Home studio

Weir work-in-progress still-life on my easel

The value underpaintings for the three large scale landscapes were started in Weir studio. Windy Weir Porch was started on location and completed in my home studio. The blurry and washed out reference photo I took at sunset captured the Weir House porch and side yard. Pink and yellow hues take the place of the red paint, and the light blue sky appears to bend and disappear between snaking trees.

Windy Weir Porch 22.5x30 inches acrylic on strathmore 2020

In Weir Barn Entrance, no.1 the sun sets on a cloudless day and leafless trees line the sky and barn. The warm March sunlight hits the fence and the dark stain of the barn recedes to reveal warm, light orange. The branches of the tree in front of the barn shift and slither.

Weir Barn no.1 22.5x30 inches acrylic on strathmore 2020

In Reflection, Cottage Studio, the last moments of sunlight reflected off the four window panes of the Weir House. Angles skewed due to the settling of old glass. The reflection showed a cottage bathed in the warm light of sunset. The iron bars divided the deep violet sky into four, and then further into long, pointed arches. Completing these large paintings on paper in my home studio instead of the airy residency studio was more of a challenge since my home studio lacked the large wall to tack the paper.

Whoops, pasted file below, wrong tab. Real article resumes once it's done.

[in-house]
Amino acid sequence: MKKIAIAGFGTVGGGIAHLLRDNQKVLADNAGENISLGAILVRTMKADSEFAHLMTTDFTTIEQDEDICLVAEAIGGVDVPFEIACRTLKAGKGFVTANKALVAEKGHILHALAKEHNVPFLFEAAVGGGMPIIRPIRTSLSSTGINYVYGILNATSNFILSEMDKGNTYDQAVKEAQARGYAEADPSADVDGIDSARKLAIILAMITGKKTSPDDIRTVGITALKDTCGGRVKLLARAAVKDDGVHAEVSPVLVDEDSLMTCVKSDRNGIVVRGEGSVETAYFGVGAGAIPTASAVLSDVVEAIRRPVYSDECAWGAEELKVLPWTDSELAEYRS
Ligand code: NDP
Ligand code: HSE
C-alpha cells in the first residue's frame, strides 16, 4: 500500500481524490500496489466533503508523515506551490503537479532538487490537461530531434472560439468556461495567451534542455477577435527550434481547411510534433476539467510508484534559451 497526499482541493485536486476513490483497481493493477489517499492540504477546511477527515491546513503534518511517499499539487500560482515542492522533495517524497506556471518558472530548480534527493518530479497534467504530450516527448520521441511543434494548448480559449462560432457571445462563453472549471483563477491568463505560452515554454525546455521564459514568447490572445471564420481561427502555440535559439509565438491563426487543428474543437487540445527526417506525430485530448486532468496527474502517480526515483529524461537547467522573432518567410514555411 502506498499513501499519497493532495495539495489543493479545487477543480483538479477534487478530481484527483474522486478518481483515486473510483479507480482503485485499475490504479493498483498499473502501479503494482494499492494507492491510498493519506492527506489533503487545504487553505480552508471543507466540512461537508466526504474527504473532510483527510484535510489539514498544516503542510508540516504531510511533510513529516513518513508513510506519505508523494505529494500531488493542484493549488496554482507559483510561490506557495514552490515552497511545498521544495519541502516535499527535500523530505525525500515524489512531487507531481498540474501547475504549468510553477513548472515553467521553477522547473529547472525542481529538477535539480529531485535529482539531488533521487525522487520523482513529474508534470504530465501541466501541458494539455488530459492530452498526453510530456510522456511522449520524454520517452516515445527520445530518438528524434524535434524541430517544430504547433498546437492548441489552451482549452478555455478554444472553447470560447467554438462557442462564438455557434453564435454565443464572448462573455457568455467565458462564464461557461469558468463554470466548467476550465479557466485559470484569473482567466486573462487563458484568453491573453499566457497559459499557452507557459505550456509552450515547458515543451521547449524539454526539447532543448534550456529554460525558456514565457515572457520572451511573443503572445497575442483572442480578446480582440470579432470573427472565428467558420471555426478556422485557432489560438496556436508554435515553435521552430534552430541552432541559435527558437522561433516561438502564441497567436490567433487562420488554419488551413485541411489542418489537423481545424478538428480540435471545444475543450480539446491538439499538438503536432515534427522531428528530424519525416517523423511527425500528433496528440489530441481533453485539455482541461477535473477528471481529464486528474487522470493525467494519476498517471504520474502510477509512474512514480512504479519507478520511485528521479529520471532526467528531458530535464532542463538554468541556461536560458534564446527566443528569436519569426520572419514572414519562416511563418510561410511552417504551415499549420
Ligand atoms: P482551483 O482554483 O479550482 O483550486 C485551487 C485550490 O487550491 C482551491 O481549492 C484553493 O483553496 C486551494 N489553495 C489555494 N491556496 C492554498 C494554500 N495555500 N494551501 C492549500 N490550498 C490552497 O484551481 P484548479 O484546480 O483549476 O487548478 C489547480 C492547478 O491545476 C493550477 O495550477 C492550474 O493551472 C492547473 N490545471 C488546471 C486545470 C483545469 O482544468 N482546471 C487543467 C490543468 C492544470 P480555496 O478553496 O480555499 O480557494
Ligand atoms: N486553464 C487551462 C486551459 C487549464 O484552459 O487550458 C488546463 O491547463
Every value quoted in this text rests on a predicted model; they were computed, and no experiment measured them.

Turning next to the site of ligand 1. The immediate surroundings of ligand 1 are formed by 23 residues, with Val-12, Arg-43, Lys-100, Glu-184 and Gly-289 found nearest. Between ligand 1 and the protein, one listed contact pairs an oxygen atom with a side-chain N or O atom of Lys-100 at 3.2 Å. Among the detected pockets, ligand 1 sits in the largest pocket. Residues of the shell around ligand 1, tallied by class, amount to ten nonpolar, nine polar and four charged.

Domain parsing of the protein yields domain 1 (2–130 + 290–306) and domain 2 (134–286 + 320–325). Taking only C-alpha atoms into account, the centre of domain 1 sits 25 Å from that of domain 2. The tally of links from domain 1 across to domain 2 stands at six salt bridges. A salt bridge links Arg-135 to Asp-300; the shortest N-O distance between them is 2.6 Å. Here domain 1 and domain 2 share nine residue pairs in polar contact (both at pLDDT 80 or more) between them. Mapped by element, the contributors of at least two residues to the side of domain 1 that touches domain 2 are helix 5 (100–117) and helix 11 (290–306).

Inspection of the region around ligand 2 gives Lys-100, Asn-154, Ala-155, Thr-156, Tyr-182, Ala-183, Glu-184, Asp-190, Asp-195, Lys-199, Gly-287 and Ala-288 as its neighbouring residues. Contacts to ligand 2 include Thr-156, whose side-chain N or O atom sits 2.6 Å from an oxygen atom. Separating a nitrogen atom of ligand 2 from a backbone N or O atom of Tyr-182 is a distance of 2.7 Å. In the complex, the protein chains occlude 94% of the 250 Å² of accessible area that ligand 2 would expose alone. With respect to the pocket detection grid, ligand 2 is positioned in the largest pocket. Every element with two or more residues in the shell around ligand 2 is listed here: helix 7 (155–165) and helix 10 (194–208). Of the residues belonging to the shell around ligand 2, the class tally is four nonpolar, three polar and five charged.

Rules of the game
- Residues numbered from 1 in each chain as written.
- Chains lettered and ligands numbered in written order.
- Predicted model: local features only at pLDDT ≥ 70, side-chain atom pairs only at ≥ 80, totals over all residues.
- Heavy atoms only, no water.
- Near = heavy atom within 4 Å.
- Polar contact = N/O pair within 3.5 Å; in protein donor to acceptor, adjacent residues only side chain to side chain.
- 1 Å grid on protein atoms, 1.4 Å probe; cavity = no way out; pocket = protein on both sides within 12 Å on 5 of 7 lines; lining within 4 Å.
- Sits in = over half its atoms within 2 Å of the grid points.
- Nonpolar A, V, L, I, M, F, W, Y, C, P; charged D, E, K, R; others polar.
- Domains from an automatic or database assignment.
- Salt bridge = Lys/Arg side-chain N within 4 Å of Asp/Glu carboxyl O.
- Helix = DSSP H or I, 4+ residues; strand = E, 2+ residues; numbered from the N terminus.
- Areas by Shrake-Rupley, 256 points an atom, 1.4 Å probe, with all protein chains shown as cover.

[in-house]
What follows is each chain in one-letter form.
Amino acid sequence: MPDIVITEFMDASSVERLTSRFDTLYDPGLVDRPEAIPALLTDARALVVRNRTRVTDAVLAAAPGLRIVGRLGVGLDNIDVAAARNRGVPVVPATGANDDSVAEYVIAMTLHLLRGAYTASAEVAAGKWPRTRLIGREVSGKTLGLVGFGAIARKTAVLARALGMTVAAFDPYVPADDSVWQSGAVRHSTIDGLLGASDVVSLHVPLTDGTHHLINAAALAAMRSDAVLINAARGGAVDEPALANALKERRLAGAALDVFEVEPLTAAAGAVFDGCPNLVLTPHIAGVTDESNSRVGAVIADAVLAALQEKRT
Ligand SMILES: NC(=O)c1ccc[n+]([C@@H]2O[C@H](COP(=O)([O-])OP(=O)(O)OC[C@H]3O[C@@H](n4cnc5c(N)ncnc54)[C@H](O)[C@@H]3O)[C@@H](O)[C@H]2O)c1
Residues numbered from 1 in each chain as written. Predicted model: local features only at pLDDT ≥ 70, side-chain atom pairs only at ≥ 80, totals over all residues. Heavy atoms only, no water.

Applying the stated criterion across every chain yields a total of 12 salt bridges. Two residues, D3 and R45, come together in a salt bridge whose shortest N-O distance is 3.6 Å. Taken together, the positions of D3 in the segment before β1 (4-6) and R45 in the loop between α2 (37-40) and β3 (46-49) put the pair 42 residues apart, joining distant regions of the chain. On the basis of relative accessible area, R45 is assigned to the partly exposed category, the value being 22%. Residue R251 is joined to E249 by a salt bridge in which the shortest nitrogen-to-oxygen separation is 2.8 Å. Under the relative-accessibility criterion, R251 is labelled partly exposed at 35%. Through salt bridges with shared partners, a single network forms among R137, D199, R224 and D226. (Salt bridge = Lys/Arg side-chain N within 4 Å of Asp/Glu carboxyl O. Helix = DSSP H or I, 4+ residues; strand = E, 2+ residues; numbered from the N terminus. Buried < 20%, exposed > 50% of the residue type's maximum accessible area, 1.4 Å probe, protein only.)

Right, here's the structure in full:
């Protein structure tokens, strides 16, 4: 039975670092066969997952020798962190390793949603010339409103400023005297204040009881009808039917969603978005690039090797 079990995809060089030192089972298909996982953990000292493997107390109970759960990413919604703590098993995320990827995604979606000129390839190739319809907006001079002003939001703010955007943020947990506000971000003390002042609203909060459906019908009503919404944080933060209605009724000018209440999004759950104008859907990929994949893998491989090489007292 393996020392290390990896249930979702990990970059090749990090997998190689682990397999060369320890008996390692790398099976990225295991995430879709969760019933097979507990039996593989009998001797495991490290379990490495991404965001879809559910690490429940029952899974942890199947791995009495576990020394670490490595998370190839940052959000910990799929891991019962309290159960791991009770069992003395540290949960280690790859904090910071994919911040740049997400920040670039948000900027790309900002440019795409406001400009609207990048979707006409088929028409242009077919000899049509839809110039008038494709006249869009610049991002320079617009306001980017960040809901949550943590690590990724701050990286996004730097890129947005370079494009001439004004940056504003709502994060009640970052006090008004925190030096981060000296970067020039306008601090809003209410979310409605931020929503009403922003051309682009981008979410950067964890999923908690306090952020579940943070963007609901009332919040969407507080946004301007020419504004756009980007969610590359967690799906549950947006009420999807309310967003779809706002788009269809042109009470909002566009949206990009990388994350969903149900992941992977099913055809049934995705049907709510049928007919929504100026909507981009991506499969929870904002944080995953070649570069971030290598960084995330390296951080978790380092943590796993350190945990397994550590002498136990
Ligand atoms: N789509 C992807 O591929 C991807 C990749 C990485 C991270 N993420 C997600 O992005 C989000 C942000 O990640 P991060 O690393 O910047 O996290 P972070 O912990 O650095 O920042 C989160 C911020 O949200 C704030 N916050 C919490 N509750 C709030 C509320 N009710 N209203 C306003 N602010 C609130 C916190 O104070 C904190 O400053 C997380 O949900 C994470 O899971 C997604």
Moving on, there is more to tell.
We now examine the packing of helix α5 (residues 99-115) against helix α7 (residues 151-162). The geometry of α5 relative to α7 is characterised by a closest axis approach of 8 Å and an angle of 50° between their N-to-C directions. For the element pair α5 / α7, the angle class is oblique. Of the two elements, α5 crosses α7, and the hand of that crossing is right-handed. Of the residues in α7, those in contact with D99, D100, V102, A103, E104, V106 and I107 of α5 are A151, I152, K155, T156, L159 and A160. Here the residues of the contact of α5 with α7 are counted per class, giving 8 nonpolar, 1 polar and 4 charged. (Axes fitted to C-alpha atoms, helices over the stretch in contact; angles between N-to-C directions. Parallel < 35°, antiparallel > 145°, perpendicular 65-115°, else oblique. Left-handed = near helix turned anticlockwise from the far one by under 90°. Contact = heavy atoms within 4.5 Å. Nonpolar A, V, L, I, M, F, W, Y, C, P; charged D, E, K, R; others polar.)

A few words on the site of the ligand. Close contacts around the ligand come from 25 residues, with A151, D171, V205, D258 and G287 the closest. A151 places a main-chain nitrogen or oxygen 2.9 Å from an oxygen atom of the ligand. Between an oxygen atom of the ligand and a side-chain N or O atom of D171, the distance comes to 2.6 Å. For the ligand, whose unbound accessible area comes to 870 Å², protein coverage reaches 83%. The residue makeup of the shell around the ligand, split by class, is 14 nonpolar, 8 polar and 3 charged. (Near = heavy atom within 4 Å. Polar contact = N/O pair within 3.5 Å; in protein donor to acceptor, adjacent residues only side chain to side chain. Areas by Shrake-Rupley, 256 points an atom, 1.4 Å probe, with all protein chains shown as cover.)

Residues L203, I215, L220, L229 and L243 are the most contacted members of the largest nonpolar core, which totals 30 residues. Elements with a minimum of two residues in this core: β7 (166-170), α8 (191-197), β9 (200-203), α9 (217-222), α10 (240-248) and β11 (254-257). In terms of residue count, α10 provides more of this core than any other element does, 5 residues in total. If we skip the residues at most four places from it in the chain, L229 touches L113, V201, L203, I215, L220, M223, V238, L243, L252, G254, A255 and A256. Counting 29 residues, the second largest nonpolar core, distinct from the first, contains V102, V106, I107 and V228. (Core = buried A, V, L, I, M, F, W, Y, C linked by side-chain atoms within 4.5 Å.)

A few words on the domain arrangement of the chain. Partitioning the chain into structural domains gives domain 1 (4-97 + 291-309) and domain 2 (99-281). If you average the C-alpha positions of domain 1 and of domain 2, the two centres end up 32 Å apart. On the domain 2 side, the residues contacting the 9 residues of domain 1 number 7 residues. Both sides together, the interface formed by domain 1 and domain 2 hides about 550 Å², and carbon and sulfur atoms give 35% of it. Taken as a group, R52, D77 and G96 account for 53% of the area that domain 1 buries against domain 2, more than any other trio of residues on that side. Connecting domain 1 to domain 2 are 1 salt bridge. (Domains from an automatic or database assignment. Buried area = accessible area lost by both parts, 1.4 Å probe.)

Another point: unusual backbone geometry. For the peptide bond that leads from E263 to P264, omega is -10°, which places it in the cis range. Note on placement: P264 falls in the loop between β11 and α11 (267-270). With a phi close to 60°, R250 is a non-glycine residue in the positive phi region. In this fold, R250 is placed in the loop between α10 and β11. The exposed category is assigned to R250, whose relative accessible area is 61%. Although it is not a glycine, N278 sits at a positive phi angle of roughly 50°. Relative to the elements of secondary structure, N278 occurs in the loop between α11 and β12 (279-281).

Reflected Cottage 30x22.5 inches acrylic on strathmore 2020

Beginnings of Reflected Studio in Weir Studio

Reflected Cottage in my home studio

I captured the grounds of Weir Farms during all weather and times of day, but the angles that played on the buildings at sunset were most appealing. In the acrylic painting Weir Barn no.2, the first of three landscapes painted entirely in my home studio, the light blue sky mixes with the orangish-bronze wood barn. The old wooden fence and loosely articulated branches fill the top and bottom of the right half, drawing attention to the large area leading to the entrance of the barn.

Weir Barn no.2 9x12 inches acrylic on ampersand board 2020

In Dusk Down Nob Hill, the landscape is dominated by the dark band of trees and light ochre swaths of land. The real attention grabber is the red tail lights and street signs shifting in the dim light of dusk. Warning! Watch out for curved roads ahead.

Dusk Down Nob Hill Road 9.5x11.5 inches oil on board 2020